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Summary > Self-test

Self-test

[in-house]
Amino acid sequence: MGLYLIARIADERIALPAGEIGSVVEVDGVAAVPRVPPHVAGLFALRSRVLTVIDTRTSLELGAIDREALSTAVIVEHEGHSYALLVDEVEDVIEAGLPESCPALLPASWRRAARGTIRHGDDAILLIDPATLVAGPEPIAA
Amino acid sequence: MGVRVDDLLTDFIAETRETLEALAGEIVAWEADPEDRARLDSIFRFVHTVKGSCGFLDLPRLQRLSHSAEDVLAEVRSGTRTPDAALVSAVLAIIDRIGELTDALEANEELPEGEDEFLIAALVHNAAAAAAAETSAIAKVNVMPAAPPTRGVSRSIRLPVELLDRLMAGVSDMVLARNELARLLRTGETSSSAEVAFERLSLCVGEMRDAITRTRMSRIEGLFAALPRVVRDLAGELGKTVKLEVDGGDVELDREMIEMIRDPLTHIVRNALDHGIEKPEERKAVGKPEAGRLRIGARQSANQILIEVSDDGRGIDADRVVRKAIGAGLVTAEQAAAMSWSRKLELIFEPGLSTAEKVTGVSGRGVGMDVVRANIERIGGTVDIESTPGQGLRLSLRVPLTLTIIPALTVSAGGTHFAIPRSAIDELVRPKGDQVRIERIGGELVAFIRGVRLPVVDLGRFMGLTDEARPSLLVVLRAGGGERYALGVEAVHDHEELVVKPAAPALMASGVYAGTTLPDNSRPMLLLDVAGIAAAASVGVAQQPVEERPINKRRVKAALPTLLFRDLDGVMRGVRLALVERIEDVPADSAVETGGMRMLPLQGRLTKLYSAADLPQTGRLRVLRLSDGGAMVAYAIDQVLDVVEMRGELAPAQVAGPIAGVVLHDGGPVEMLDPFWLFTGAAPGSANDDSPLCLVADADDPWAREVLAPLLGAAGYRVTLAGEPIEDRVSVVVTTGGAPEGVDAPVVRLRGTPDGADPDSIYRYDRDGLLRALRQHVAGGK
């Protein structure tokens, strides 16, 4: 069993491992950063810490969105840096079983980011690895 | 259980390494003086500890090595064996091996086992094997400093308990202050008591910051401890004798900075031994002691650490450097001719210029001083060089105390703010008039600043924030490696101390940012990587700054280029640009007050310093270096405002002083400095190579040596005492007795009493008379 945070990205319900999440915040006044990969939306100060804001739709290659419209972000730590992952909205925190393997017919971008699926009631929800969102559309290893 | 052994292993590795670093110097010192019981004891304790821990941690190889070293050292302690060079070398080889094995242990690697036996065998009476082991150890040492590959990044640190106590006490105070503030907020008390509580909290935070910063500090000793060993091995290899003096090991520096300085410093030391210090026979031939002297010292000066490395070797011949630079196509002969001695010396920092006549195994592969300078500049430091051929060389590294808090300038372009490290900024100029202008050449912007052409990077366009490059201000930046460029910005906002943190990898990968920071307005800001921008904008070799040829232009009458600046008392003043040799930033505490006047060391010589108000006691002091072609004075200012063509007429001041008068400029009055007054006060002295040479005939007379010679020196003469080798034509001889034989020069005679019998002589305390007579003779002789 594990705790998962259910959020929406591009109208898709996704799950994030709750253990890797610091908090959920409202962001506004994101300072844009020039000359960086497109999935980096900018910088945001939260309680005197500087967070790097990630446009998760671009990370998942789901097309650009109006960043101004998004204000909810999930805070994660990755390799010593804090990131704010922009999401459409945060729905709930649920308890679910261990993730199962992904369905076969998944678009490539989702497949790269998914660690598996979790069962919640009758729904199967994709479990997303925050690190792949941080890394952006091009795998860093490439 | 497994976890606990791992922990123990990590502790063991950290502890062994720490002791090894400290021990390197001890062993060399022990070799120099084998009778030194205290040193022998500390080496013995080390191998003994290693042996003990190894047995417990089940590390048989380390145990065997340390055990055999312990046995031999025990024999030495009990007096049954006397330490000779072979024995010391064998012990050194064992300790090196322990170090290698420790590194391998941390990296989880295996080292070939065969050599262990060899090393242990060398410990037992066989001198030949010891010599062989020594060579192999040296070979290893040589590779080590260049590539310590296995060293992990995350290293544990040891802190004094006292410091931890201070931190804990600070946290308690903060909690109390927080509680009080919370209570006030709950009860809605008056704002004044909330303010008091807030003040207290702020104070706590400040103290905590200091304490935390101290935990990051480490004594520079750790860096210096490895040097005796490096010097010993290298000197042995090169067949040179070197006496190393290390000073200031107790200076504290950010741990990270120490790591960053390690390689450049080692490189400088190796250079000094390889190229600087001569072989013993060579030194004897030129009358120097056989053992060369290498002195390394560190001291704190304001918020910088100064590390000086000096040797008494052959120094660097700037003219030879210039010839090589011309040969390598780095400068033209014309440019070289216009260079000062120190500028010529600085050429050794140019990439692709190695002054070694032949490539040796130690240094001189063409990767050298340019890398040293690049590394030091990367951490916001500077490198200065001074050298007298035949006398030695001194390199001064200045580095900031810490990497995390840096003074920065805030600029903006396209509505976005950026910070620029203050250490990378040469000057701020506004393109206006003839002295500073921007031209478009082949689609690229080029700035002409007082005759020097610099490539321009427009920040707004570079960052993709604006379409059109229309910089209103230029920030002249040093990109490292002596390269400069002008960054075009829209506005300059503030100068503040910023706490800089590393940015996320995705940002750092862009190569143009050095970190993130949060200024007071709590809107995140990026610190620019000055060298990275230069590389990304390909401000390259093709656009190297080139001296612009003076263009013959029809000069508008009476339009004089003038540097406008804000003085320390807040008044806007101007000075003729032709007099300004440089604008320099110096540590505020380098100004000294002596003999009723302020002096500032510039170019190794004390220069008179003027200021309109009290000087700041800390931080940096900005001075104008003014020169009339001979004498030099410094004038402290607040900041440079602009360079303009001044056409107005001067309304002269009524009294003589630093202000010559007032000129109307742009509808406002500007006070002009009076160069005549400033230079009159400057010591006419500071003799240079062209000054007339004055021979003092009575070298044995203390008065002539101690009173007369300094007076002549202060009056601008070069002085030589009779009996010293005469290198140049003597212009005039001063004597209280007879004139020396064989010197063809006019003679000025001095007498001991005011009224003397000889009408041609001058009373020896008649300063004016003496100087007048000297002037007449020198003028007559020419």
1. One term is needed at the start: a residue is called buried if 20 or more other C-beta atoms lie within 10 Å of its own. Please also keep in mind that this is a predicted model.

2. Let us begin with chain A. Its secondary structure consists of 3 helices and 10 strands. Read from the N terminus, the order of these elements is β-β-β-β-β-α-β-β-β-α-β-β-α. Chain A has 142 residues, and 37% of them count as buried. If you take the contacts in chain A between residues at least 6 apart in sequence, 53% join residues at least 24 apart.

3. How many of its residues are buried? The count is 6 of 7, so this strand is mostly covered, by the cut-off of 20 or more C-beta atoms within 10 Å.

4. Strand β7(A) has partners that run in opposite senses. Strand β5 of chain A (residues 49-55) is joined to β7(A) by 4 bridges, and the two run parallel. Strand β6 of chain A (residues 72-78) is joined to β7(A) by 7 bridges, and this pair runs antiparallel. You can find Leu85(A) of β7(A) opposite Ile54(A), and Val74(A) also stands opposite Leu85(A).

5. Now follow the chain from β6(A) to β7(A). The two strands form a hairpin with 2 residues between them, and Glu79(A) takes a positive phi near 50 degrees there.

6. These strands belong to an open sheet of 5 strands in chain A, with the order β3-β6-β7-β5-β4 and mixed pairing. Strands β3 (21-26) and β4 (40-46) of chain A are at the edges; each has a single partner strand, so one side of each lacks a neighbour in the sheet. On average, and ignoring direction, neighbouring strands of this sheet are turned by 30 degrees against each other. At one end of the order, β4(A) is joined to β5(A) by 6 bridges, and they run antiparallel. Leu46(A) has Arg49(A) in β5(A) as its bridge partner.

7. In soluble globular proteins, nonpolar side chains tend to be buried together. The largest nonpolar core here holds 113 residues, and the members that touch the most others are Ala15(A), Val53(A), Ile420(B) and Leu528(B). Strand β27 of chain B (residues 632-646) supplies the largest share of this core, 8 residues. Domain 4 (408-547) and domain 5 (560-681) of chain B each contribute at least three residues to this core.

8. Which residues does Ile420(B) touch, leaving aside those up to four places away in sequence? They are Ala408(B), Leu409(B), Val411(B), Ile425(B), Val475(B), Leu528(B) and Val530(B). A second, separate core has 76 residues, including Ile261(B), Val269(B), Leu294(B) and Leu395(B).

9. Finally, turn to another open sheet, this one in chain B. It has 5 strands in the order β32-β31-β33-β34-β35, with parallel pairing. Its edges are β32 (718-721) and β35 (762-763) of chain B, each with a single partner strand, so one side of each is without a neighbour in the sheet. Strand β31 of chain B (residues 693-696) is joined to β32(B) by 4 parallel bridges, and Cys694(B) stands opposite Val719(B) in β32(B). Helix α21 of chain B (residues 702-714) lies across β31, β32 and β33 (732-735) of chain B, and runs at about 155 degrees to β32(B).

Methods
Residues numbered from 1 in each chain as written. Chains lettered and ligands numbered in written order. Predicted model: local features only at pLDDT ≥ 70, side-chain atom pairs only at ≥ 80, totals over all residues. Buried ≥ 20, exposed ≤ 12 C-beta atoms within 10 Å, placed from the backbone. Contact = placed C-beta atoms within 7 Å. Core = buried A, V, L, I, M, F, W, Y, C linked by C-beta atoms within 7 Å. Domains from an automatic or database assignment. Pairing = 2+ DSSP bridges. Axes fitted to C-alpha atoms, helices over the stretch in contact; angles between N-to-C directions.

Self-test Question: For the most part, what will be the information in TM1? Response: The information in TM1 will be trended over time, compared between different time periods, and forecasted for future time periods. Question: To support these requirements, how will most TM1 cubes have time added? Response: The TM1 cubes will have time added as one (or more) dimension. Question: Of all the considerations for deciding what dimensions should make up a TM1 cube, what may be the most important? Response: Time is one of the (if not the most) important considerations. Question: What is the role of the time dimension? Response: The role of the time dimension is to allow the analysis of past, present, and future information as well as to support the ability to predict the future (also known as forecasting). Question: When considering the concept of time in a TM1 cube, what do you need to determine? Response: You need to determine the lowest level of time detail required, if the data in your cube requires regular and consistent time cycles, if the data in your cube requires any unusual, overlapping, or inconsistent time cycles, and if your cube will require any rolling time periods. Question: What are the four basic types of cubes in Cognos TM1? Response: Standard cubes, control cubes, virtual cubes, and lookup cubes. Question: Name three important considerations when adding TIME to your cube design. Response: The considerations are as follows: Will your cube be sharing data with other cubes already in your system?What will be the level of effort that may be required for the end user when accessing data?What will be the level of effort required to load data from external systems? Question: In respect to maintaining TIME in your model, what must be considered? Response: You must consider flexibility when comparing data across multiple time periods, flexibility when creating new consolidated time periods in the future, the maintenance effort required to update time dimension(s) as new cycles are added, and your rules—since the left hand side of a rule must be a fixed reference, you really don't want to have to maintain them every year because of your time dimension design. Question: What is granularity? Response: Granularity is the lowest level of time detail required. Question: What are the most common granularities for a time dimension? Response: Month, Week, and Day. Question: Cognos TM1 cubes that store data at the monthly level of detail may have one or two time dimensions. If you have two, what would this mean? Response: It would mean that you have one dimension for the year and one dimension for the month. Question: Why would you have both a year and a month dimension, in the same cube? Response: It is easier for year on year comparisons, it will require less maintenance for the system administrator, requiring that only a single element needs to be added to the year dimension once a year, and it is easier to take advantage of TM1's relative data spreading. Question: Describe a rule of thumb when using a two dimensional time model. Response: A rule might be that the year and month dimensions should conform to the financial year of the business. Question: What may the consolidated elements of the month dimension also include? Response: Year totals, Quarter totals, Half-year totals, and optionally Quarter to Date totals and Year to Date totals. Question: For non-financial cubes, what should the year and month dimensions use to make the structure more appropriate? Response: A calendar year (with a set of months running from January to December). Question: When can using a single time dimension be more useful? Response: If the application requires rolling totals for example, it is easier to model these using consolidations in a single time dimension rather than using rule calculations in a cube that has separate year and month dimensions. Question: What may be an advantage of using a single time dimension? Response: Single time dimensions may also make the development of some rule calculations more straightforward. Question: In the case where there is a requirement for rolling totals, how is time usually modeled? Response: Time is usually modeled using consolidations in a single time dimension rather than using other options such as rule calculations or having separate year and month dimensions. Question: Name some characteristics of a single time dimension. Response: Support requirements such as rolling forecasts make rule writing somewhat easier, and may be easier to maintain by a system administrator. Question: For cubes that must store weekly information the best approach may be to have two time dimensions. Which would be these dimensions? Response: One dimension for year and one dimension for week. Question: What challenges does the use of a week dimension create? Response: A 365 or 366 day year does not contain an exact number of weeks and a 29, 30, or 31 days month does not contain an exact number of weeks. Question: What will using a 52 week system result in? Response: The days that are assigned to each year becoming more and more out of synchronization with the calendar year as years pass. Question: How should week dimensions be set up? Response: With 53 weeks, not 52. Question: If for any reason the time pattern needs to change from year to year, what should be considered? Response: Then a single time dimension will be more appropriate. Question: How are single week-based time dimensions usually built? Response: The single week-based dimensions are based upon a business calendar with the appropriate number of weeks rolling up to each month. Question: What does using a single time dimension allow? Response: It allows the creation of any possible grouping of individual dates. However, it requires the most amount of maintenance and affords the least amount of flexibility when performing period on period comparisons. Question: If data needs to be stored at a lower level of detail than day, what is normally required? Response: Then an additional dimension should be added for the day part. Question: What is one of the most commonly requested requirements for Cognos TM1 dates? Response: The ability to select and display the date in a variety of formats. Question: Although there are a number of supported TM1 functions that you should be comfortable with, what are some alternative methods for formatting TM1 dates? Response: Most date format reporting requirements can be met using MS Excel formulas. Question: In addition to defining an element's type, what can elements have defined for them? Response: Elements can have attributes defined for them. If elements identify data in a cube, then think of the element attributes as describing the elements themselves. Question: What is the method for formatting dates in TM1? Response: Attributes with alternative date formats can help in doing data analysis by making it easier to search for and locate a particular date. Question: What could be the advantage of using element attributes? Response: You can select elements by attribute value in the Subset Editor. You can also display element names in TM1 windows using their aliases. Question: What are some (but not all) of the common time dimension consolidations used for aggregation to be aware of? Response: Week, Month, Quarter, Year, Fiscal Year, QTD, and QTG. Question: In most cases, the initialization of the model will include multiple forward years so that the time dimension maintenance will almost be non-existent for the foreseeable future. What does this mean? Response: This means that the time dimension will include multiple dates past the current and next calendar and/or fiscal years. This is referred to as future proofing the time dimension. Question: In some cases, it may be important to only include currently used or active dates in the time dimension. Why? Response: Dates can simplify the use of the model enhance readability or discourage possible errors in reporting. In these cases, a method needs to be defined to allow the addition (or removal) of dates which is currently needed (or no longer needed) within the model. Question: When may it be completely acceptable for a TM1 Administrator to manually modify a time dimension using the TM1 Dimension Editor? Response: Depending upon the size of the application and/or number of users (and other factors). Question: What is another method for maintaining a TM1 time dimension? Response: In some situations a TI process may be useful to accept appropriate parameters and then update the time dimension. Question: Name some Cognos TM1 functions that deal with dates and times. Response: DATE, DATES, DAY, DAYNO, MONTH, NOW, TIME, TIMST, TMIVL, TODAY, and YEAR.